Last night I was trading emails with researcher and author Joseph McBride when he sent me this interesting piece of a video: an interview with Rabbi Hillel Silverman. That got me poking around, and the end result is this article, so he gets credit for that and no blame: if there are mistakes, they are mine.
Let's start with the video itself.
Zapruder, of course, took the most famous home movie in the world, recording the fatal shot that struck President Kennedy on 11/22/1963. He has his own unusual connections. Born in Russia, Zapruder worked for years with Jeanne LeGon, who would later marry George de Morenschildt, otherwise known as Lee Harvey Oswald’s best friend. We do know that George de Morenschildt was a good friend of George H. W. Bush, and wrote him a rather panicky letter in September of 1976 asking for help from his buddy.
Bush answered the letter but provided no help. In March of 1977 de Morenschildt decided to kill himself by blasting his own head off with a shotgun. With Bill O’Reilly listening, according to Bill O’Reilly. (And no one else.)
Anyway, back to Silverman.
The good rabbi appears in the record: Warren Commission Exhibit # 2281, in which he advised that sometime after the evening service on 11/22/1963, Ruby “appeared to be in shock” and spoke briefly to him, although not about the assassination.
Later, after Ruby shot Lee Harvey Oswald and was arrested, Rabbi Silverman made regular visits to Ruby. Silverman continues to insist (as he does in the video) that Ruby told him there was no conspiracy.
According to Philip Shenon, in his book A Cruel and Shocking Act, Warren Commission (and later Rockefeller Commission) attorney David Belin approached Rabbi Silverman during the time that he had been making these regular visits to Ruby. Belin asked Silverman to get Ruby to agree to a polygraph.
Although I don't endorse Shenon's ultimate conclusions in his book, this is interesting.
Two questions immediately arise: (1) Why did Belin think that he could convince Silverman to convince Ruby to get the polygraph? And (2) Why did Belin want Ruby to take a polygraph?
The answer to (1) is that Belin and Silverman knew each other. They had met in the summer of 1963 on a trip to Israel, and become friendly. Belin had a level of comfort with him.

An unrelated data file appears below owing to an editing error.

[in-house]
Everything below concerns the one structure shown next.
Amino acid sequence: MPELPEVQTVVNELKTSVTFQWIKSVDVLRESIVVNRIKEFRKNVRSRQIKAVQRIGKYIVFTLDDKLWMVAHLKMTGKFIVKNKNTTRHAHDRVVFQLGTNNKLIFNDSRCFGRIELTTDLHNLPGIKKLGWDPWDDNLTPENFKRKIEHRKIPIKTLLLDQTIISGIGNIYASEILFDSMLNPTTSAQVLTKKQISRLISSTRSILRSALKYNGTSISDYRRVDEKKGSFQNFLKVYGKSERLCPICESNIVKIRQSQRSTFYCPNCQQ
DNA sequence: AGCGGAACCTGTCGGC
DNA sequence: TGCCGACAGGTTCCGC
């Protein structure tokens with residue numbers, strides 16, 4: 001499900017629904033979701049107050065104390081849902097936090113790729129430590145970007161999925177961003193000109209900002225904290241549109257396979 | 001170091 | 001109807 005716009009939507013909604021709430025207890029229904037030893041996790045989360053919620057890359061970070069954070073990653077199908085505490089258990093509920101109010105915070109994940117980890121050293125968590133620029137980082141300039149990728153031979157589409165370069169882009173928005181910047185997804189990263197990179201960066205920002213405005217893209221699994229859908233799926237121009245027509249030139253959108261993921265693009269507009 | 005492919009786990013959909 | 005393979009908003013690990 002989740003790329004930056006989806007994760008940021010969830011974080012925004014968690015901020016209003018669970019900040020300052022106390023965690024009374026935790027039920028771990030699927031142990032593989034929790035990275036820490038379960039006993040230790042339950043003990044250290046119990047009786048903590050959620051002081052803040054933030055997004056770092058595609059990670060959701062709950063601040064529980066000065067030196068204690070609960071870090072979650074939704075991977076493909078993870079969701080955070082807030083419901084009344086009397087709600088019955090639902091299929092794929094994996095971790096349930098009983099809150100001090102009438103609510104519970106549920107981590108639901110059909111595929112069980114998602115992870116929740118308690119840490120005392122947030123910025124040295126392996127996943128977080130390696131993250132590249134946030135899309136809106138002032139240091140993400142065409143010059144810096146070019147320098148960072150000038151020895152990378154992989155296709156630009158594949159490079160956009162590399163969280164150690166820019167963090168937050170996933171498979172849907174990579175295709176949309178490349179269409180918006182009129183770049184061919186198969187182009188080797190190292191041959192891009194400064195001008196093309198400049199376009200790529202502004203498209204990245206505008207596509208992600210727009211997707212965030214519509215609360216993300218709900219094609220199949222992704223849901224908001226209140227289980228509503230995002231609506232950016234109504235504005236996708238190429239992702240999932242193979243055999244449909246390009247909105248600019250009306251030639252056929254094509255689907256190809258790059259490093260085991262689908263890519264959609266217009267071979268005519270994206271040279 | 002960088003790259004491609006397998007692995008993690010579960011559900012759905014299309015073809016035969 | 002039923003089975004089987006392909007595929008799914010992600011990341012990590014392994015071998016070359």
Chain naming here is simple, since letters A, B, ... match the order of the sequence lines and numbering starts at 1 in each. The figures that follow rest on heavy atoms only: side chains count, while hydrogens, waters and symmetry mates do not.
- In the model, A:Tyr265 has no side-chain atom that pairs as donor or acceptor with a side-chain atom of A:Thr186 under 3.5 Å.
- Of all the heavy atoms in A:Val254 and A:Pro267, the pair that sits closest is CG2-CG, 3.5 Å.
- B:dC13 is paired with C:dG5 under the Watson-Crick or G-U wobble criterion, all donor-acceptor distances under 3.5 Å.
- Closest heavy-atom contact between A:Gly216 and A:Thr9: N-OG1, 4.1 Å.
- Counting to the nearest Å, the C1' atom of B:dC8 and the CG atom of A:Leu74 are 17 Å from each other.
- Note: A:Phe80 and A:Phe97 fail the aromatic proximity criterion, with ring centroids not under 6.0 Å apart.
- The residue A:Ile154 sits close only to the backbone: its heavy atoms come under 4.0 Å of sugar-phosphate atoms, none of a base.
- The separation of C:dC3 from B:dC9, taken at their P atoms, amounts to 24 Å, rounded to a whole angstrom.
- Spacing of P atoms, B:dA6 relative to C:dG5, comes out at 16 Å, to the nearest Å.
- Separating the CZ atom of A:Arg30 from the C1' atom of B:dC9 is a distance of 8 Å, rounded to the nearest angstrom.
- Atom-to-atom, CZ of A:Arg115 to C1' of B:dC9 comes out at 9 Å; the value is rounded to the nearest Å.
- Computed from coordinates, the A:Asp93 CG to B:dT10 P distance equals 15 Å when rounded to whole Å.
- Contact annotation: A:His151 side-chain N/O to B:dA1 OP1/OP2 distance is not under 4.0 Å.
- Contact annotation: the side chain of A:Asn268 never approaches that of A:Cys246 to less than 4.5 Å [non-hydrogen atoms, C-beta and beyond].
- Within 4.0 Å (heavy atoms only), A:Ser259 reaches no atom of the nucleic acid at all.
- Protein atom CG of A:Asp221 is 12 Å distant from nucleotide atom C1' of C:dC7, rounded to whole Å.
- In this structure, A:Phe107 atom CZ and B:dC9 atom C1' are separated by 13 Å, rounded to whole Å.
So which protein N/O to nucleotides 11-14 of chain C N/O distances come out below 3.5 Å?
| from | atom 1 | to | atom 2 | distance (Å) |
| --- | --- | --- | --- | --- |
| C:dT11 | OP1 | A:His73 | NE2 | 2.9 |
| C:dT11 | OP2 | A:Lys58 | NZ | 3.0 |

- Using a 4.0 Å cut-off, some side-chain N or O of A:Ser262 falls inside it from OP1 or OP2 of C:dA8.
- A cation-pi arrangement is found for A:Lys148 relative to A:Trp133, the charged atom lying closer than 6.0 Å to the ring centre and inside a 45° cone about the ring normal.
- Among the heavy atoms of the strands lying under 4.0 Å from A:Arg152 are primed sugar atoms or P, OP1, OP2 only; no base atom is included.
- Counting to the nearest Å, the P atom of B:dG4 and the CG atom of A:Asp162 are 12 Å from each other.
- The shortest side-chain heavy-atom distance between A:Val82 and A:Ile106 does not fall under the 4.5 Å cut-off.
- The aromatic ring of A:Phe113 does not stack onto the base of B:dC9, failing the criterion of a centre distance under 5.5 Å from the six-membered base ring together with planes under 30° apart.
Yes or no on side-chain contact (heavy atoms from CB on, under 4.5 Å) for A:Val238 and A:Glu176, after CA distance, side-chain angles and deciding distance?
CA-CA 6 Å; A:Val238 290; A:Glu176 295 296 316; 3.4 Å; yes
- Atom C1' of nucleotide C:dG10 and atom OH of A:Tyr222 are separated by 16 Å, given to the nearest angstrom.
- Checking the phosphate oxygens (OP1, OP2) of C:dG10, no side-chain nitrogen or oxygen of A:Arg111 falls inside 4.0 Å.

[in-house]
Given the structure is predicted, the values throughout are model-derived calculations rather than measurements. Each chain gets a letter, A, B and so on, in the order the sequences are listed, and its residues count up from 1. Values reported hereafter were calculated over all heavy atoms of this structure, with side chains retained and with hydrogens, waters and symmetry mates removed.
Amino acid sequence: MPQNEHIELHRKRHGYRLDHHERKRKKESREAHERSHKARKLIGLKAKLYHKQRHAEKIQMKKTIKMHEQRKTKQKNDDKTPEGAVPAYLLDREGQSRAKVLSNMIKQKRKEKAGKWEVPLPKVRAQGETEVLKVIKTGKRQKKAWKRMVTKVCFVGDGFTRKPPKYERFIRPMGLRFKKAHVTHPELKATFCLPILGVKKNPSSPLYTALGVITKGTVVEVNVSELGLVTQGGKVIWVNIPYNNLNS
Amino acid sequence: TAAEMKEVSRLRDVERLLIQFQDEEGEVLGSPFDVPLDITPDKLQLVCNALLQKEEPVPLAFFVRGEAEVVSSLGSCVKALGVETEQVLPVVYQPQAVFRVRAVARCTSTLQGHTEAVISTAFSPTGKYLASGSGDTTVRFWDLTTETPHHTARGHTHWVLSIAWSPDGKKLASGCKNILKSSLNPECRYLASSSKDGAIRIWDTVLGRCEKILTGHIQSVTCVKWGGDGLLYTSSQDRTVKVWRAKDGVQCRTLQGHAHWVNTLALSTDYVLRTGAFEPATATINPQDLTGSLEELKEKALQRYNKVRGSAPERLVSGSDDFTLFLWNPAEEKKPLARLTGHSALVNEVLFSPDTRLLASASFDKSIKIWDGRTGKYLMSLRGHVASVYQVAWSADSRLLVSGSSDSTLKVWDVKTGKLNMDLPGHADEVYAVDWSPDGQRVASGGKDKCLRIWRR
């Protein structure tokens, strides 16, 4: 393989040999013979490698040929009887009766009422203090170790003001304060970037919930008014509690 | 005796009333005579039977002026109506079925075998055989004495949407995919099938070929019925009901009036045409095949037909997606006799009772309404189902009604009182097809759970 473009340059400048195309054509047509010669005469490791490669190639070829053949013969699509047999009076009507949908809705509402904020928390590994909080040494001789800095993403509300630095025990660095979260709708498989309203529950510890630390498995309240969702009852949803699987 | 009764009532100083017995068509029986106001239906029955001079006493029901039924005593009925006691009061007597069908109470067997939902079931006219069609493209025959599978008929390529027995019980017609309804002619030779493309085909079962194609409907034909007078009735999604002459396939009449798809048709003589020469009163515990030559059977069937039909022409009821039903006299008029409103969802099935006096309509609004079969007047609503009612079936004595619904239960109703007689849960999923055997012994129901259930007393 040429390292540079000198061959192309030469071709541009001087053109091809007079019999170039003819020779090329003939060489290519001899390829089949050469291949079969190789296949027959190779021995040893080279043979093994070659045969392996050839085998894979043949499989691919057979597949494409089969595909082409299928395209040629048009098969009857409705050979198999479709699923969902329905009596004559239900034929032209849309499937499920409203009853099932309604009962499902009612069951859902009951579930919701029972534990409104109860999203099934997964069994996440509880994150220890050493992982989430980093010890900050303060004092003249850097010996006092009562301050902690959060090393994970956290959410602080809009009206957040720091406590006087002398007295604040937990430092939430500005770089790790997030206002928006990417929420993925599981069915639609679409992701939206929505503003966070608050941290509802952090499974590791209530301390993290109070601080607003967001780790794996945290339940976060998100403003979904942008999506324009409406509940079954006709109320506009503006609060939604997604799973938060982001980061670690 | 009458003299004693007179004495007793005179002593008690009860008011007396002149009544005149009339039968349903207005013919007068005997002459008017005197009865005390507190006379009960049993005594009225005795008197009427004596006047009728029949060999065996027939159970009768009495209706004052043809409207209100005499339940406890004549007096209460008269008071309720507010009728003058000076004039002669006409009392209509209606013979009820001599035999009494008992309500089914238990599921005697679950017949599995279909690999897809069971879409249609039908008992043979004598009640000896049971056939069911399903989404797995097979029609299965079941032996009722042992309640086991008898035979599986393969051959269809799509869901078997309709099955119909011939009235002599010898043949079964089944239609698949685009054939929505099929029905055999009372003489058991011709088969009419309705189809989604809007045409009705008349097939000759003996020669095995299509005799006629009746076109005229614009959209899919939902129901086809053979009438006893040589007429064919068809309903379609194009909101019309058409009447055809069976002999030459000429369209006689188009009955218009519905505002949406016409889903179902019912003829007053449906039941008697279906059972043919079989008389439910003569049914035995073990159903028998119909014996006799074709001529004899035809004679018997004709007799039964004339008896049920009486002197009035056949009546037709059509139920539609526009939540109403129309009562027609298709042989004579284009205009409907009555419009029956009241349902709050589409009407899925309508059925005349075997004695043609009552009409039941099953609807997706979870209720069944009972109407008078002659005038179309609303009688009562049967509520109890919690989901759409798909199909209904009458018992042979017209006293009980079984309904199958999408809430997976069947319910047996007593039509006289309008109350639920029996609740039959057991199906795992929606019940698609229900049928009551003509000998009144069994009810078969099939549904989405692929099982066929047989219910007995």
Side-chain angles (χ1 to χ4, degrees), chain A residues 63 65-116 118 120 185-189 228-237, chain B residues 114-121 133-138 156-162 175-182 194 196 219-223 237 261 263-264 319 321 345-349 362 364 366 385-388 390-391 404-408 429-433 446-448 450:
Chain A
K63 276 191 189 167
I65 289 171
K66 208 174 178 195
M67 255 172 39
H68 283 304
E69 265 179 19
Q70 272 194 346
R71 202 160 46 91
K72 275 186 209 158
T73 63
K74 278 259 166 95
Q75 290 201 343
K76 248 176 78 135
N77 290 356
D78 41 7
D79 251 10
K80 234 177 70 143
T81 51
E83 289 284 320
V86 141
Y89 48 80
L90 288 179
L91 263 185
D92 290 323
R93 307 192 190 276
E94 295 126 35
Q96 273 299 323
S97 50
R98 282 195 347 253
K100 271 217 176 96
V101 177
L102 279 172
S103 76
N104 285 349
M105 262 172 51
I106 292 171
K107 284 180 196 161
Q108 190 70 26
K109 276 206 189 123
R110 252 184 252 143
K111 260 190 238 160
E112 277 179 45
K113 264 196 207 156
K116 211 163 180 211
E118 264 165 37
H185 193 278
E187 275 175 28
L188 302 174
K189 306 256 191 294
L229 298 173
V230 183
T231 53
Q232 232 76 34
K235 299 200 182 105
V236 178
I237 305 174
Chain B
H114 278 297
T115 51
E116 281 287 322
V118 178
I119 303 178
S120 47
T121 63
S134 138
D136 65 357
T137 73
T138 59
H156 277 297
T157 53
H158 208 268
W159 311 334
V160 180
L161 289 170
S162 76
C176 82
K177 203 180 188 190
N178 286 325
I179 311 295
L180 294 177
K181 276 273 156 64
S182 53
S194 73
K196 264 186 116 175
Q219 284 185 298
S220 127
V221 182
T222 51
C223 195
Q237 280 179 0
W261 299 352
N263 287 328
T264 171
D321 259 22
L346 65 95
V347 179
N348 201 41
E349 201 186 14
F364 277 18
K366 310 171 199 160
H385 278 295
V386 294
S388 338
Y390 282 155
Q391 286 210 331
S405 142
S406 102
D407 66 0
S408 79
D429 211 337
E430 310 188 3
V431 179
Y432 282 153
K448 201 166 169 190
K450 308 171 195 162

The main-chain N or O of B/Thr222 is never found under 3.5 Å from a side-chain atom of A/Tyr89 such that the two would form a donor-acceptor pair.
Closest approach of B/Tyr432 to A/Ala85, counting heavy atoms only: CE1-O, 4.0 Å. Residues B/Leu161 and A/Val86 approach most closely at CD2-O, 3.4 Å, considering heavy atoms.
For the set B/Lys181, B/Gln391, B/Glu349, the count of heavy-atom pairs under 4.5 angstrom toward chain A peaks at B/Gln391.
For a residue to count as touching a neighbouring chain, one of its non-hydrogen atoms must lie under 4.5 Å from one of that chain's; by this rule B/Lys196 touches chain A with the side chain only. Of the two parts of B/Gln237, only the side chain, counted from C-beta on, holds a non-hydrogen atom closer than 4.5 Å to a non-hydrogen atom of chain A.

We’ll come back to (2) in a minute. First let’s look at some biographical information on Rabbi Hillel Silverman.
As a young man, Hillel enrolled at Yale. However, in 1947, he joined the Zionist paramilitary group the Haganah. (Yizthak Rabin, incidentally, was also serving in the Haganah at this time.)
In 1950 the United States went to war with Korea and Hillel joined the Navy.
Although he remained in the Naval Reserves, in 1954 he needed a civilian job as a rabbi. At this time, something remarkable happened:
A friend and mentor from the great Warburg family of Wall Street whom he had worked for at the Jewish Theological Seminary in New York put him in touch with a Dallas lawyer for Del Charro’s Clint Murchison, who arranged an interview with Shearith Israel, a prosperous conservative congregation that wanted to build a new synagogue in the burgeoning suburbs of North Dallas. He got the job. That’s where he would find himself face-to-face with Jack Ruby.
After Ruby shot Oswald, and Silverman delivered his testimony, he decided he needed a change of scenery.
He moved from Dallas out to Beverly Hills.
BACK TO (2)
Okay, so why would David Belin want Rabbi Silverman to convince Ruby to take the polygraph? For that, I think we need to go to the best description of this entire episode, which is in Jim DiEugenio’s Reclaiming Parkland.
DiEugenio notes that Ruby insisted on having the polygraph done to the Warren Commission, and Earl Warren still didn’t want to do it. Arlen Spector convinced Warren. The Commission then drew the polygraph operator from the FBI: one Bell Herndon. And it appears that Herndon did his utmost to get Ruby to pass his polygraph.
DiEugenio notes that the HSCA report that was done on Ruby’s polygraph is actually quite good, notable because this wasn’t always the case:
In order to get the full analysis, see pages 243-246 in Reclaiming Parkland.
The question becomes, is it possible that a fourteen-year special agent – a polygraph supervisor at the DC FBI lab – screwed up the most important lie detector test of the 20th century so badly? Or was he in fact doing his job – covering up the conspiracy?
I think part of the answer comes back to Belin. Belin always leaned on the polygraph and Rabbi Silverman’s testimony that Jack Ruby claimed no conspiracy, including in his own book, Final Disclosure. Belin also brought it up again when Oliver Stone’s film JFK released. Stone brought up (and countered) Belin’s use of Silverman’s testimony in his own response.
I draw no conclusions from this material, although I think it is interesting. In the main, researchers have generally treated Rabbi Silverman as a witness, and given him the deferential treatment reserved for the clergy and such. And perhaps that is warranted. However, there are enough nuggets of information to call that treatment into question.
He’s still alive, apparently, and still a part-time rabbi at a highly conservative synagogue. And he’s also the father of Jonathan Silverman, star of Weekend at Bernie’s and the even more immortal Weekend at Bernie’s 2. But I don’t think you should hold that against him.
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